Born with an unending list of medical issues, Canaan quickly dropped from 7 pounds to 5. He underwent his first surgery at 5 weeks old, and 4 weeks after that, his parents took him to his first Razorback game. Ginger and Danny admit to taking him to Fayetteville for the season opening football game that September because they couldn’t find anyone brave enough to stay with him. Ginger was prepared to have to sit in the car with him if he got too hot or started fussing, but much to she and Danny’s surprise, Canaan did well. Little did they know that that stadium would become Canaan’s second home and the people within it, his second family.
Canaan is best known as a cheerleader for others, but competing is in his blood. Canaan started competing through Arkansas 4-H at age 5. He showed pigs on a national level, joined the Arkansas Purple Circle Club for showing rabbits at the state fair, and was featured on the cover of the National Swine Association’s first youth program brochure. He also traveled with a 4-H dance group to perform across America, and he was chosen as one of 10 dancers to perform in the national talent show in Washington, D.C.
As the first ever forever young in the Arkansas 4-H system, Canaan was recognized as a Governor’s Award finalist, and in 2002, he was elected to the Arkansas 4-H Hall of Fame.
One of the reasons I wanted to get to know Canaan better was because his competitiveness intrigued me. Not because it was big or bold or intense — which it was — but because it was different. It felt cleaner, purer. Even in the face of hostility and aggression, he was gracious and compassionate.
Canaan loved the Razorbacks with a love that I had never seen in sports before. His fandom was delivered like a home-cooked meal — served warm, made with love, and expected no recognition.
Friday nights are warm up for Canaan and Ginger. When they’re not watching Canaan’s nephews play in Cave City, they travel to Friday night high school games to cheer on prospective Razorbacks. They’ve been to Mississippi, Alabama, Texas, and every corner of Arkansas following recruits.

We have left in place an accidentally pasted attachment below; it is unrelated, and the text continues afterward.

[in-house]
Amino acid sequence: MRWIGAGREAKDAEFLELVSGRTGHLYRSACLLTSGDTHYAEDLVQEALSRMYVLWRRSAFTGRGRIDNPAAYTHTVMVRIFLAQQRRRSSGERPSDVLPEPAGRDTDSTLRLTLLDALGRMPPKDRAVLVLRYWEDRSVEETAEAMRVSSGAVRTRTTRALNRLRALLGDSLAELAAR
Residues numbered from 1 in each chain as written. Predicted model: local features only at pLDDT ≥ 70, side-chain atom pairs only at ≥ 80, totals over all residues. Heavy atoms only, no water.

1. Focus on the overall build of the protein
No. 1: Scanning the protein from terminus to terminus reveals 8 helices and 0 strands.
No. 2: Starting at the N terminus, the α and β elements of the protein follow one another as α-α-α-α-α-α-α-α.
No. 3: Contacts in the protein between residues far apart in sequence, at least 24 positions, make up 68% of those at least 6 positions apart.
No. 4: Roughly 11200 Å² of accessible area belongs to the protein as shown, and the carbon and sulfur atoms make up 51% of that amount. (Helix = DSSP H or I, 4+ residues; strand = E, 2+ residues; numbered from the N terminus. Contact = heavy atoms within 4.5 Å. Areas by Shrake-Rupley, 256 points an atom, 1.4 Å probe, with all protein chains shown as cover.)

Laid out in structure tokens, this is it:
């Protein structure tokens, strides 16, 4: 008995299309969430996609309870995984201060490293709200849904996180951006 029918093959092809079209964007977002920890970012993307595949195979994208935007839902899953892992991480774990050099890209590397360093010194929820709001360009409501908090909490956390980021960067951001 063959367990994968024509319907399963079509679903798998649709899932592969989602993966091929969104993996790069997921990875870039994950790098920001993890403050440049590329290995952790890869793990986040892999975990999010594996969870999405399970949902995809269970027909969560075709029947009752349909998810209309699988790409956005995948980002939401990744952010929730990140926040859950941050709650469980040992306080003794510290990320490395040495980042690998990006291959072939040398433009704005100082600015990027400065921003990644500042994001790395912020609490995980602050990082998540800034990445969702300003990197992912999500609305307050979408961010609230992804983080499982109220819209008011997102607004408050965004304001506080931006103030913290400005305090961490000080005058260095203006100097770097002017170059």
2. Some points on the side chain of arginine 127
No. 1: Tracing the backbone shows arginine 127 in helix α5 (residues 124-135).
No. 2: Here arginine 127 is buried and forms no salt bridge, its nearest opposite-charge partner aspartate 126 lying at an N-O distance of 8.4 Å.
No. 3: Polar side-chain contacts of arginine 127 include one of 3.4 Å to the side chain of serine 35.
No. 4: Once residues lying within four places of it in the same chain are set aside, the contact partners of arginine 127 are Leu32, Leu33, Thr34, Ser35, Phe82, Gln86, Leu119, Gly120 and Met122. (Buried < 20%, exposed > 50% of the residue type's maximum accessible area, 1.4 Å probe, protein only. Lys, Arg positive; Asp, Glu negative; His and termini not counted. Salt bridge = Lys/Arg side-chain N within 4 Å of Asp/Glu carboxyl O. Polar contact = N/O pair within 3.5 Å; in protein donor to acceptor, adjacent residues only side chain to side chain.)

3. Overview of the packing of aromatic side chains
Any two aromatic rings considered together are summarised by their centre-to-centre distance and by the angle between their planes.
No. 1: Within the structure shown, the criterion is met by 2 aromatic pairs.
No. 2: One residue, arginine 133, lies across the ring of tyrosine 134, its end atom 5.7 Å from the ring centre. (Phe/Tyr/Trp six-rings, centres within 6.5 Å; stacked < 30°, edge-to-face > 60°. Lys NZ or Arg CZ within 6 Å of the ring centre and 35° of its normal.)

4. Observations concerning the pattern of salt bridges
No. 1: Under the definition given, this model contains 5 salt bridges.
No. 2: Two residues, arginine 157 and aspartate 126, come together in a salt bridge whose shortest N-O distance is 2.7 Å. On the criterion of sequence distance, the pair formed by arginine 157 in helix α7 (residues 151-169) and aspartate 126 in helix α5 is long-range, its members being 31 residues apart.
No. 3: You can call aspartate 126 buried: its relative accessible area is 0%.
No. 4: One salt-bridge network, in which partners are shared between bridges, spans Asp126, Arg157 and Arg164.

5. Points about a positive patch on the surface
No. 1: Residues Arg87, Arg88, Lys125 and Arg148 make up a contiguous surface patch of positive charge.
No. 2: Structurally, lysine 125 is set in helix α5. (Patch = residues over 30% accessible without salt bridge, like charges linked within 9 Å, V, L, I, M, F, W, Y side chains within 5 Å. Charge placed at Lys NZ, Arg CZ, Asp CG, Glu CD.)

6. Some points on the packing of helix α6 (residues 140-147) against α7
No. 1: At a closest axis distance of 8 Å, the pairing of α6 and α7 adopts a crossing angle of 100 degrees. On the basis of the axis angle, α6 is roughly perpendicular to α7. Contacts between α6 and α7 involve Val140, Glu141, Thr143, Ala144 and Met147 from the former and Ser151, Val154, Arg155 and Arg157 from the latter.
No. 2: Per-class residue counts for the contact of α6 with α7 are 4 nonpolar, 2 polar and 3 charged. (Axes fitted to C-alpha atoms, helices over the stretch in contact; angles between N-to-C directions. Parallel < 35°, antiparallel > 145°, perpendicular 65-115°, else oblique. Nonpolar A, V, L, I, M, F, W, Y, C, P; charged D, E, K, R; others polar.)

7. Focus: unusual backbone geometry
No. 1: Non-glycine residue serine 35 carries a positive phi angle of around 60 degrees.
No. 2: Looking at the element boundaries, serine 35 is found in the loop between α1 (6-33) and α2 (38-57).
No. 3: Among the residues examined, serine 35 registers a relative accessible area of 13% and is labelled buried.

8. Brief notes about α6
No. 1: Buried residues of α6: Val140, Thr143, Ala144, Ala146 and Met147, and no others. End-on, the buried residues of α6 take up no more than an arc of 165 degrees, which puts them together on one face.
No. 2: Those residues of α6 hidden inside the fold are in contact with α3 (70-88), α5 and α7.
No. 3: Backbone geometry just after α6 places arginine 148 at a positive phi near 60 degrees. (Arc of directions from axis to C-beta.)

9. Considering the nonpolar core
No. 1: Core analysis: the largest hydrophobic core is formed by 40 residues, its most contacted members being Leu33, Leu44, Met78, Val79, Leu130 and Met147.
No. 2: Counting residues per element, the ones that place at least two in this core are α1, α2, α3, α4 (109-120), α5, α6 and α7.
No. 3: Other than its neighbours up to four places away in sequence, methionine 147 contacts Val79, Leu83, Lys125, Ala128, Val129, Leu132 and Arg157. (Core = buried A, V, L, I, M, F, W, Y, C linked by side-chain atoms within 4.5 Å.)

“We love to go to other schools and cheer for kids,” Ginger said. “It’s so much fun. If we ever thought we made anyone feel special, it would just be the best thing we could do because so many of these kids are so special, and we just love to show them some attention.”
Saturdays are game days. Wherever the Razorbacks are competing is where Canaan and Ginger are headed to on Saturday morning. Canaan likes to be there when the doors open so he can tell the players good luck. He also likes to walk around the stadium to welcome the opposing fans. He doesn’t want them to win, but he’ll never pass up the opportunity to wish them luck. And no matter how mad he might be after a loss, he’ll go tell the winning team’s fans congratulations and that they played a great game.
The Sandys arrive early and stay late. On their frequent day trips to Fayetteville, they drive 200 miles home after the game, often racing the sun to Cave City.
From going into the football locker room after a win with Tony Bua 20 years ago to throwing the first pitch at a baseball game this past year, Canaan has had his fair share of memorable Razorback moments over the years. However, no Hog wild memory can come close to rivaling his touchdown during the Red-White game.
Bret Bielema, the Razorbacks’ head football coach from 2013-2017, had a special place in his heart for Canaan and became close friends with the Sandys. After inviting the family to the football team’s Red-White spring game in 2014, Coach Bielema let Ginger in on his plan of letting Canaan score a two-point conversion.
However, toward the end of the third quarter, Ginger remembers an assistant running toward them saying, “Coach wants more!” Players and coaches whisked Canaan away. The last thing that Ginger heard the athletic director say was, “Canaan Sandy, don’t you dare drop that ball in front of 30,000 people!”
Canaan ran onto the field, took the handoff from Brandon Allen, and ran the football 50 yards to the end zone, putting the Red Team up 54-22.
The players, coaches, and administrators huddled around Canaan in celebration. When the whooping and hollering started to die down, Canaan asked if they could pray. Everyone gathered up and said a prayer, but before they closed it, the athletic director said, “Oh, and by the way Lord — please let us beat Alabama.” Of course, everyone yelled “Amen!”
Steve Sullivan, KATV’s long time Sports Anchor, is one of Canaan’s many fans. Steve has had the well-known superfan on air with him several times, and he often catches up with the Sandys at Razorback games. In October of 2018, Steve ran into Ginger on the way out of Little Rock Touchdown Club.
“I know her life’s mission is to grant every wish that Canaan has,” Steve said, “so she drives all over the place. I saw her car and I knew she had to put a lot of miles on it, so I just casually asked how many were on there.”
When Ginger shared that the car that she and Canaan drove to games had 409,000 miles on it, Steve sent out a Tweet about how Ginger was a gift from God who was driving on a prayer.
Not long after, Mark Miller from Fletcher Dodge called Steve to tell him that he wanted to surprise the Sandys with a new car. Steve told Ginger to bring her car to Fletcher Dodge on Tuesday, but wouldn’t tell her why.
When Ginger and Canaan arrived, Frank Fletcher and Mark Miller surprised them with their new Hogmobile: a Razorback red Ford Focus.